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Replacement Leaders. Why so bad?
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Author:  Digglyda [ Tue Oct 04, 2011 10:23 am ]
Post subject:  Replacement Leaders. Why so bad?

Why are the replacement leaders always so awful?

I understand that Colonel Anonymous is elevated to Brigade command through the attrition of named leaders ...but do they always have to be such idiots?

The intended effect of leader losses is to reflect the deterioration in command and control that would normally result. I used to suffer very heavy leader losses with a matching degradation in overall army performance. I now play, usually, much stricter control in battle and don't often lose any leaders.

I just wondered that sometimes very competent and capable Regimental Colonels got their moment to shine in battle on the day that their Brigade commander was killed/wounded/captured/drunk.

How about changing the setup so that every now and again instead of a typical F & F you get a C & C or even a B & B?

I've just been reading the diaries of Colonel Edward E Cross who got his elevation to Brigade command during the heat of battle abd wondered if that moment of luck and chance might be worth reflecting in games. Just add a nugget of "gold" amidst all the mediocrity?

Author:  PAT [ Tue Oct 04, 2011 4:00 pm ]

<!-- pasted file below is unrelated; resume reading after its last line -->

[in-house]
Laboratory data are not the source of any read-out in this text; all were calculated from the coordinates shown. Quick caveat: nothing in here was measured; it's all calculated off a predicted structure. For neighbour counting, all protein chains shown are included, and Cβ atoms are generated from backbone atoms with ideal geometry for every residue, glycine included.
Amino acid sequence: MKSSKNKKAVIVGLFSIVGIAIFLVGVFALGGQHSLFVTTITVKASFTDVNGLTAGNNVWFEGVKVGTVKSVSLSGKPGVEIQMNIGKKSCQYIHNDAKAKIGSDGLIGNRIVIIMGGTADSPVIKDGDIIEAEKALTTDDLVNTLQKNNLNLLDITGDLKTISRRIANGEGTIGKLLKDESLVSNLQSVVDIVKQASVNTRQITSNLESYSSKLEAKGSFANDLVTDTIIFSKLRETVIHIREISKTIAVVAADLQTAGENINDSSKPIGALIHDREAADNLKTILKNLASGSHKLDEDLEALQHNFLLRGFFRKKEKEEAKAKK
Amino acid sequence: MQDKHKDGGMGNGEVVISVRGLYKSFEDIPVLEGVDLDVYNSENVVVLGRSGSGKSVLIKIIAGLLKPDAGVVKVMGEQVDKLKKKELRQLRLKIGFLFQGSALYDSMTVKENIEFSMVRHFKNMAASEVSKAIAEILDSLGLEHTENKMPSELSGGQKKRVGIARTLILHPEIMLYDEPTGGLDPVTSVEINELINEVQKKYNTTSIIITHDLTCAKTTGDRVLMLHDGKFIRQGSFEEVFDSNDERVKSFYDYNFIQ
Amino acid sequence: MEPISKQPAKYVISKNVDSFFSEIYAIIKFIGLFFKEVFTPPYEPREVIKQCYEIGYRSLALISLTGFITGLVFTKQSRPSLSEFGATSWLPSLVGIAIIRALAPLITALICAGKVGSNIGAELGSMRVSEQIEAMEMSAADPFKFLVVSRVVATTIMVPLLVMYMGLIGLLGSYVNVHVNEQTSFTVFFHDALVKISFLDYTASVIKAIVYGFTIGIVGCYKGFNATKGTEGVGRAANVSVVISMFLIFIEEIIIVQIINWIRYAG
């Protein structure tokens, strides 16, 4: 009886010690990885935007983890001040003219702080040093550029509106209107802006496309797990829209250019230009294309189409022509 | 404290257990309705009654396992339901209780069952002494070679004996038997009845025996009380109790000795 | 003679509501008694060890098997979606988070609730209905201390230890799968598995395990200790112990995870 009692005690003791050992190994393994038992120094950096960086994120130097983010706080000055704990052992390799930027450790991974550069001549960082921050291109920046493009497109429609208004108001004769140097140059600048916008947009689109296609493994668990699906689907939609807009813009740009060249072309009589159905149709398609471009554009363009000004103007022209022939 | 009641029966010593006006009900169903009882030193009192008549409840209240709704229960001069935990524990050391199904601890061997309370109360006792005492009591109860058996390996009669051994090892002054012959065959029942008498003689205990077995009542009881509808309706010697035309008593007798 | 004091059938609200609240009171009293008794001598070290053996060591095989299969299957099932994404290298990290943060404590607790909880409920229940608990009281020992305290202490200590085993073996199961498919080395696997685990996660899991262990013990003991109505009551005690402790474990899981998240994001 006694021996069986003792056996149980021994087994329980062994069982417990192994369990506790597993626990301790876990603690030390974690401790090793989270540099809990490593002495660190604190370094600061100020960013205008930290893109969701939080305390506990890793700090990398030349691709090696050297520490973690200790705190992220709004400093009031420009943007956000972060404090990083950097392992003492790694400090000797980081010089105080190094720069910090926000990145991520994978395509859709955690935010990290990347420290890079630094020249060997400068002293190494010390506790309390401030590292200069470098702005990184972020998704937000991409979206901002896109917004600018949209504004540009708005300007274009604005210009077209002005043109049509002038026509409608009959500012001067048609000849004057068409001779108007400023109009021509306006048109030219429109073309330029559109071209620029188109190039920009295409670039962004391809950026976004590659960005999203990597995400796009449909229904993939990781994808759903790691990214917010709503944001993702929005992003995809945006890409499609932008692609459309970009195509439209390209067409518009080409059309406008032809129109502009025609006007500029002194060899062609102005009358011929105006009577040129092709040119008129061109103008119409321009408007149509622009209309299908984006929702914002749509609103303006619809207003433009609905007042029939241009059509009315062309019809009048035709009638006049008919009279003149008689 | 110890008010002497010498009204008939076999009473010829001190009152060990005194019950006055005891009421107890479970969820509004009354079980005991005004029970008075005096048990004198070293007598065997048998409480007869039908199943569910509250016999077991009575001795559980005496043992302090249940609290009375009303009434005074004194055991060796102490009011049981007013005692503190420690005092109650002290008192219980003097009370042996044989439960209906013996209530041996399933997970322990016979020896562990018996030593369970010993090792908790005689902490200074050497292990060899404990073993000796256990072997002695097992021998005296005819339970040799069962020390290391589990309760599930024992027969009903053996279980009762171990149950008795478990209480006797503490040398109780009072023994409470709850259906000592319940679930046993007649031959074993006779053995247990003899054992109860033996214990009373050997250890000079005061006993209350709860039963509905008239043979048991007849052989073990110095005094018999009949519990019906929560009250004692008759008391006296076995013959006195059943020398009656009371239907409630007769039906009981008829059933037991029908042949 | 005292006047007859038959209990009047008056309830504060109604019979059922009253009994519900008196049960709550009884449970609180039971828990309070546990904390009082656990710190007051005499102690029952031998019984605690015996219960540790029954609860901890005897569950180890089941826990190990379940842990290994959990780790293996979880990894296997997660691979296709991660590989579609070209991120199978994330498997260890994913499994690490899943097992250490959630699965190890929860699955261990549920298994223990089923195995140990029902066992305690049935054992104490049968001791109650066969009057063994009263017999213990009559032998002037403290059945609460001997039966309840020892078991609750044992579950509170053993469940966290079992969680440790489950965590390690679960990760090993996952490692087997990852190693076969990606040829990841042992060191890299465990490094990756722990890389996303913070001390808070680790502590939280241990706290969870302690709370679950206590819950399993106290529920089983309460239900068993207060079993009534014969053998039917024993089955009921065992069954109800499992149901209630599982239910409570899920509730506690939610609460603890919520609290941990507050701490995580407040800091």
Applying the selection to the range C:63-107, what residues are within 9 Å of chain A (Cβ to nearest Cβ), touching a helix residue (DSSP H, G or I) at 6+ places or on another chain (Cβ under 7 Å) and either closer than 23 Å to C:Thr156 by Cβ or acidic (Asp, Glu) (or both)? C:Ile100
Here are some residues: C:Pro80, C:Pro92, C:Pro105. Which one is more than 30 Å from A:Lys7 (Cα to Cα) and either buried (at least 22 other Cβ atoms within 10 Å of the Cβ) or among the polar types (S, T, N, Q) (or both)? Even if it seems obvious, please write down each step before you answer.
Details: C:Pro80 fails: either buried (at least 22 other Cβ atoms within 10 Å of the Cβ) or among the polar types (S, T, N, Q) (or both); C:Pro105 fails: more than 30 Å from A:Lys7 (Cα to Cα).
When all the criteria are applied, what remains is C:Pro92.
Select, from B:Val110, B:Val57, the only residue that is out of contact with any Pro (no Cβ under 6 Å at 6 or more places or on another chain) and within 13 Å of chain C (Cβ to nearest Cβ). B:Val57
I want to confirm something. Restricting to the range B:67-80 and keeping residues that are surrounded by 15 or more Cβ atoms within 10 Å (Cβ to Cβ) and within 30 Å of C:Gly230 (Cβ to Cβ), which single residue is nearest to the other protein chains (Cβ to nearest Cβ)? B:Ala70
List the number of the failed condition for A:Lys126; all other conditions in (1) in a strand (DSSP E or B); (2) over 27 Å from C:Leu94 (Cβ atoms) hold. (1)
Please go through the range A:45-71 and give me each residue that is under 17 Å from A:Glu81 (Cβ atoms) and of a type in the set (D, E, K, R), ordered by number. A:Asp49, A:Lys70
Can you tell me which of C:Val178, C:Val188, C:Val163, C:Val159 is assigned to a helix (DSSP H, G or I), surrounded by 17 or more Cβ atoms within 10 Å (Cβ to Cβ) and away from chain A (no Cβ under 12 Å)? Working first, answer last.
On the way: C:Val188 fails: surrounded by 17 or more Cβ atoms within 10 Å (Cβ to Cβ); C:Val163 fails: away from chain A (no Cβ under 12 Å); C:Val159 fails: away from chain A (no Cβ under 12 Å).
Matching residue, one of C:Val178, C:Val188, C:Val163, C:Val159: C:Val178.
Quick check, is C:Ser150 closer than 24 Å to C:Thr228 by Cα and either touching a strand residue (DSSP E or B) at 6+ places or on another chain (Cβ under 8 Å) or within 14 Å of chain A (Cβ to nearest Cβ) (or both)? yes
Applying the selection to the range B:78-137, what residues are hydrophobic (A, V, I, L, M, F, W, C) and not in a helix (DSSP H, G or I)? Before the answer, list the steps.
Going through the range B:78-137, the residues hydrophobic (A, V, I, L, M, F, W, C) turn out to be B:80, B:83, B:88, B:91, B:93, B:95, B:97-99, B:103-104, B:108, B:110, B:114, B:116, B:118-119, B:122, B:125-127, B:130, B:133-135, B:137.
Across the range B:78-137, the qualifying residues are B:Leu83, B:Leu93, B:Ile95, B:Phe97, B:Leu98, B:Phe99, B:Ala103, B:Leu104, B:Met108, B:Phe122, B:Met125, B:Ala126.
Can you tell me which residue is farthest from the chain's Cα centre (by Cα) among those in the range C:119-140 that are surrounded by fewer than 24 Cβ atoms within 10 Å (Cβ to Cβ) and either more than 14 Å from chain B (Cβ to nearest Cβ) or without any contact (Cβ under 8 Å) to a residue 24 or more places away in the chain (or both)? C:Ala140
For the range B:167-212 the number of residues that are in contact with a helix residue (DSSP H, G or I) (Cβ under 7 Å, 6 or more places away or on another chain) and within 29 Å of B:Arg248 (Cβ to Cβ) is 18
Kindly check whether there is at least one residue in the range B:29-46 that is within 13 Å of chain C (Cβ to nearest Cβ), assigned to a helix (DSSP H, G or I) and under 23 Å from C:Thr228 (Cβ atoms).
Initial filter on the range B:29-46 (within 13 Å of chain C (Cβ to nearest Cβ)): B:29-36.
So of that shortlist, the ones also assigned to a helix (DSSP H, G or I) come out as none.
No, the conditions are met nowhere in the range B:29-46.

Post subject:  Re: Replacement Leaders. Why so bad?

Good point... but... it's probably a "gamey" issue... the union has some horrible leaders and if replacement leaders were any good... you'd probably see some horrible leaders in the front lines all the time...

Author:  Digglyda [ Tue Oct 04, 2011 4:36 pm ]
Post subject:  Re: Replacement Leaders. Why so bad?

I'm not suggesting that all the replacements be given uber-commander ratings. Just that occasionally the game engine generates one with good ratings rather than the default F & F that we have. Most Colonels elevated to Brigade command in the heat of battle were confronted with more than they could handle but there are instances where the right man was in the right place at the right time.

Even if it were at odds of 100 to 1 or more, I think it would be a neat fog-of-war factor if a wounded political General was replaced by a real war-horse of a colonel ...just like happened now and again historically.

Probably not worth implementing as most players should be striving to minimise leader casaualties anyway.

Author:  PAT [ Tue Oct 04, 2011 4:50 pm ]
Post subject:  Re: Replacement Leaders. Why so bad?

Digglyda wrote:
Even if it were at odds of 100 to 1 or more, I think it would be a neat fog-of-war factor if a wounded political General was replaced by a real war-horse of a colonel ...just like happened now and again historically.

Yeah, I agree with you... I was only suggesting a possible why.

Digglyda wrote:
Probably not worth implementing as most players should be striving to minimise leader casaualties anyway.

Well, here I don't really agree... lol
In the war, the good brigade leaders were up front, LEADING. That's why there were so many casualties in the leaders and why they were good leaders. I know it's a personal choice, but I usually have my brigade leaders up front with a regiment, it adds to the morale, gives bonuses. But, they do get shot...
Then again, if I have a replacement leader, those guys are so eager to show they can do the job, they are always in the front lines...

But I always strive to keep division/corps/ARMY commanders out of the line of fire... if they get disabled, it really <screws> things up...

Author:  Robert [ Tue Oct 04, 2011 9:31 pm ]
Post subject:  Re: Replacement Leaders. Why so bad?

John,